Monday, September 22, 2014

Game Cameras Give Preview of Season to Come

Our small place in Lampasas is surrounded by tracts 200 acres or less with some as small as 28 acres.  I understand that people want to get a small place in the country and get out and hunt.  What I don't understand is putting four or five hunters on a small tract and killing all the bucks that come through. On one small tract you can hear four feeders go off within minutes of each other.  If not for the Texas antler rules in place we would not have any bucks at all in this area other that what comes off of the big places to chase does.  My family has not killed a buck in years yet every buck over 8 points that we watched on our cameras last year was killed by the end of the season, several of which I don't think even made the minimum width. One place that is under 30 acres took four bucks and another under 100 acres took five bucks that we know of.  The deer population can not produce any trophy bucks and may not even survive with this kind of hunting pressure.  It is sad when people can only manage wildlife because of the laws. 

Now that I've spoken about that I will climb down off my soap box and show you a few of the pictures from our cameras.  All of the bucks we have seen should be left to grow as none are mature but I bet that few to none survive the season around here.  It is addictive to watch the wildlife coming to the feeder and I can't wait to see what else shows up each week.  I have a friend that I gave a camera and he is also getting hooked on seeing what comes to his feeders.  Get one and put it out, I bet you will enjoy it also.  Wild Ed

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Thursday, September 4, 2014

Lake Buchanan Striper Fishing

Jason's granddaughter and the days catch
Now that I am supposed to be retired I hope to get my boat in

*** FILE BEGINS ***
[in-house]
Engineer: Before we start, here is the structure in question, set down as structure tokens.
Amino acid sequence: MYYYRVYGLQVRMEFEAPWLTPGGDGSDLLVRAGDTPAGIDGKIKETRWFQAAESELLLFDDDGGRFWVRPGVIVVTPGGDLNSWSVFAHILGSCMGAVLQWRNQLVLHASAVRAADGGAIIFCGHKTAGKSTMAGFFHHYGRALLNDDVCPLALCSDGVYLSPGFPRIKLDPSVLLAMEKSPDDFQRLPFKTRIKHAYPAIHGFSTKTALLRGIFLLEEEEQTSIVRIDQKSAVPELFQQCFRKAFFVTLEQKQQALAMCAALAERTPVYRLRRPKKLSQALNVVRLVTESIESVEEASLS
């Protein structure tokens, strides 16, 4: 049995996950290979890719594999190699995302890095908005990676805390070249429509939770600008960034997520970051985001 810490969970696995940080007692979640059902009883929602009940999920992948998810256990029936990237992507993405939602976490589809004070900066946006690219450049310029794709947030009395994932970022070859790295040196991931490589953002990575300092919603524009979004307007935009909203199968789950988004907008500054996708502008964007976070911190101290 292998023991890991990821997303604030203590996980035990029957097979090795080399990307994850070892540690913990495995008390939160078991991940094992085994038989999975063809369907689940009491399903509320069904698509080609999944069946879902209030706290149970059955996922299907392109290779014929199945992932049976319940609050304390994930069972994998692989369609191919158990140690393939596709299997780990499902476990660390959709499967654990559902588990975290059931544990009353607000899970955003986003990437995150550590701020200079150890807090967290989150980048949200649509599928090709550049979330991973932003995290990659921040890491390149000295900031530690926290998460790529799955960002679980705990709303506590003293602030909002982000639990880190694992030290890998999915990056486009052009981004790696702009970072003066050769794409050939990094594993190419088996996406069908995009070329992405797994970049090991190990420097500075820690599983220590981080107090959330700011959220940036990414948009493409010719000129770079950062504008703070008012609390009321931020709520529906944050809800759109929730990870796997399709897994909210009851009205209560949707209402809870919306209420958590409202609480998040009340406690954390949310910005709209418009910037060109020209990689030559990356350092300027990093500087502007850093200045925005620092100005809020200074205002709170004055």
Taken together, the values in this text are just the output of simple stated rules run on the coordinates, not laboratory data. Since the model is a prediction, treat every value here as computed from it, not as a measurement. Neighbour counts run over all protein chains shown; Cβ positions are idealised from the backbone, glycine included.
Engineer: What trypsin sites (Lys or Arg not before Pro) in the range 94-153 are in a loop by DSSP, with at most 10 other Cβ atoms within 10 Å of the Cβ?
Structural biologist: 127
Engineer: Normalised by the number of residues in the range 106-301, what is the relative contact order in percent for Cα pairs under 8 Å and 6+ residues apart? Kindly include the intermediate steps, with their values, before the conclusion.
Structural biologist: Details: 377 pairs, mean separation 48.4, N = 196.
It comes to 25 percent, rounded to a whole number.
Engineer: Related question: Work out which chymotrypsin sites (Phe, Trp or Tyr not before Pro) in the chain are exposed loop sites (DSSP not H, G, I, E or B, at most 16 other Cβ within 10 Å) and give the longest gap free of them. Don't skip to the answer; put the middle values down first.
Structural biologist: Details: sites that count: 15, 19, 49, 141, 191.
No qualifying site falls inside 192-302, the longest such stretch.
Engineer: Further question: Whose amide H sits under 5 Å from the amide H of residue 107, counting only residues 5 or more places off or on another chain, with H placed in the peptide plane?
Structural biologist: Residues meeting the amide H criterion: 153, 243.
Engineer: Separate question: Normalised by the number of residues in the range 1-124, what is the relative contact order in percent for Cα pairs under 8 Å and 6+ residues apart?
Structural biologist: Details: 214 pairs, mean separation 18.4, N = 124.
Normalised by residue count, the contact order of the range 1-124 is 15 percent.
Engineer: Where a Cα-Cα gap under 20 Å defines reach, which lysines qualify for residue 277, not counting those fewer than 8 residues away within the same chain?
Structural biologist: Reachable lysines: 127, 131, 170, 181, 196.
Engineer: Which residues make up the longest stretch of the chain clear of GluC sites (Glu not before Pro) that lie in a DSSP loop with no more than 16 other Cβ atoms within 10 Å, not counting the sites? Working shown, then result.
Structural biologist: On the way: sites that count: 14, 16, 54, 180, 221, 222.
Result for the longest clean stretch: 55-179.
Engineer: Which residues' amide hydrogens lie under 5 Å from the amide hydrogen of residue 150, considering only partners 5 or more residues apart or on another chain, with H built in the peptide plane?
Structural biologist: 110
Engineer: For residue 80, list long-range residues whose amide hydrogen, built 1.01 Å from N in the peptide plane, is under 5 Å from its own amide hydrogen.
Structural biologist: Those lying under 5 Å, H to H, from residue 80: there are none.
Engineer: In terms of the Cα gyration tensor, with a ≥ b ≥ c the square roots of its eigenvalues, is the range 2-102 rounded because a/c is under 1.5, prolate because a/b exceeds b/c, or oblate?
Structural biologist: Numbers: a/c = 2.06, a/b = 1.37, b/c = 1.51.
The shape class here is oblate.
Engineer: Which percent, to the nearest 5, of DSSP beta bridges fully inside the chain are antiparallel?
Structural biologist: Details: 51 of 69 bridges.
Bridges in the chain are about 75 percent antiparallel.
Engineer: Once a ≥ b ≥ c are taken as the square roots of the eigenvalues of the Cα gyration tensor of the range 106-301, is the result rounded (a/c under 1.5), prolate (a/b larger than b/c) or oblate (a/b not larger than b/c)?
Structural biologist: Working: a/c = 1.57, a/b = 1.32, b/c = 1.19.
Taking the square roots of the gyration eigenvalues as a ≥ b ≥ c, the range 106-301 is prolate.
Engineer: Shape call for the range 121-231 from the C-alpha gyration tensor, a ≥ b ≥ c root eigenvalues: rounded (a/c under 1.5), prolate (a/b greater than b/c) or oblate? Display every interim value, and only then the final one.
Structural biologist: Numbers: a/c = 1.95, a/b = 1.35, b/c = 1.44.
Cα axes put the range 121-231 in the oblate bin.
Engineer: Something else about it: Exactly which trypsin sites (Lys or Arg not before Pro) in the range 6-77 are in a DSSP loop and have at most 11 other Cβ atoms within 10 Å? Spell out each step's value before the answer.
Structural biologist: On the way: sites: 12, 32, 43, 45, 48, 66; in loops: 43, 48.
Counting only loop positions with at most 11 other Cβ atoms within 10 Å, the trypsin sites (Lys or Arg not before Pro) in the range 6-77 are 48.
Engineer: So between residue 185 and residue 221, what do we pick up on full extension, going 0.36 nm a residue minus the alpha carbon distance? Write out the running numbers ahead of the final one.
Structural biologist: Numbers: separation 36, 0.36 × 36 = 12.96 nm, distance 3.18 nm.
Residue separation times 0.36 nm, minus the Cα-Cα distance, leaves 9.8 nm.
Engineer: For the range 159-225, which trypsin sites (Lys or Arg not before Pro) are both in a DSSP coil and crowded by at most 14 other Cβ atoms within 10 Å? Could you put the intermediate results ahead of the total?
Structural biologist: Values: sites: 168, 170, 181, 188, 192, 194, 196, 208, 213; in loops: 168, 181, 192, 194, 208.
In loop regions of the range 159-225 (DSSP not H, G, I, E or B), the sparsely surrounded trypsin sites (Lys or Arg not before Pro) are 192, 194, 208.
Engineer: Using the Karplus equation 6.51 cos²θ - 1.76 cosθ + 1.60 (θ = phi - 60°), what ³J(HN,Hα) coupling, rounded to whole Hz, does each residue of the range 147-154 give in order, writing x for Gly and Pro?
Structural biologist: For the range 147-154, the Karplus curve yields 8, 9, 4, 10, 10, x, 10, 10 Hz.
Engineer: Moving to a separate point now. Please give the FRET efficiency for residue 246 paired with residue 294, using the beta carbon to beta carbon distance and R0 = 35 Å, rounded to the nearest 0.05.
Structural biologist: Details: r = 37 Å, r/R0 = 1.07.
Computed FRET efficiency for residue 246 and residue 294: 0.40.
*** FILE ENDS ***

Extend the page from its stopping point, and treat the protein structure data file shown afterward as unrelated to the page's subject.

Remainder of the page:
shape and get out on the area lakes to chase fish.  It has been
 many years since I used to fish Lake Buchanan so I have been
hanging out over at the Austin Bass Fishing Forum to catch up
on the latest techniques.  One of the members of the forum
has agreed to be my guest author this week with a how to for
those of you that would like to chase stripers and hybrids on
your favorite lake.  Jason has put together an article that will
teach you how to be successful on your next outing.  Hope you
enjoy it, I sure did. Wild Ed

Lake Buchanan is one of the best lakes in Central Texas to
catch stripers and hybrid stripers.  Stripers are a salt water fish
that can live and grow in fresh water but they will not
reproduce, they are all stocked in the lake by the Texas Parks
and Wildlife.  Hybrids are a cross breed of a striper and a
white bass.  These fish will also not reproduce and they are
stocked in the lake by TPW and the professional guides that
fish and make their living on Lake Buchanan.  Hybrids will
not get near as big as the stripers but are just as enjoyable to
catch!  There are not many Texas fresh water fish that will put
up a fight like a striper; we are talking about pole bending
drag squealing kind of fight! 

So let’s talk about how to catch these fighting giants:

(Lake Buchanan record striper 41” over 27 lbs)

Stripers and hybrids will bite on just about anything if your timing
is right, but their food of choice is shad!  Early morning you might
see schools of fish chasing shad to the surface splashing around, at
this point they will bite almost anything you throw into the feeding
frenzy – white,  or shiny works best – try not to let your lure sink
too deep (and don’t be afraid to throw live bait into the middle

The easiest way to catch fish would be to hire a guide and let him
use his knowledge to put you on the fish.  Expect to pay about $450
with tip for a 4hr 4 person fishing trip which includes the cleaning
of your fish.  You will usually meet your guide at 7 am, but you can
also schedule afternoon trips.   That being said there are no
guarantees that you will catch your limit (5 per person, and they
must be above 18 inches long)  – and if you limit out in 45 minutes,
you will be done fishing and heading back to the dock by 8:30

Hiring a guide not your thing? Want to try it yourself?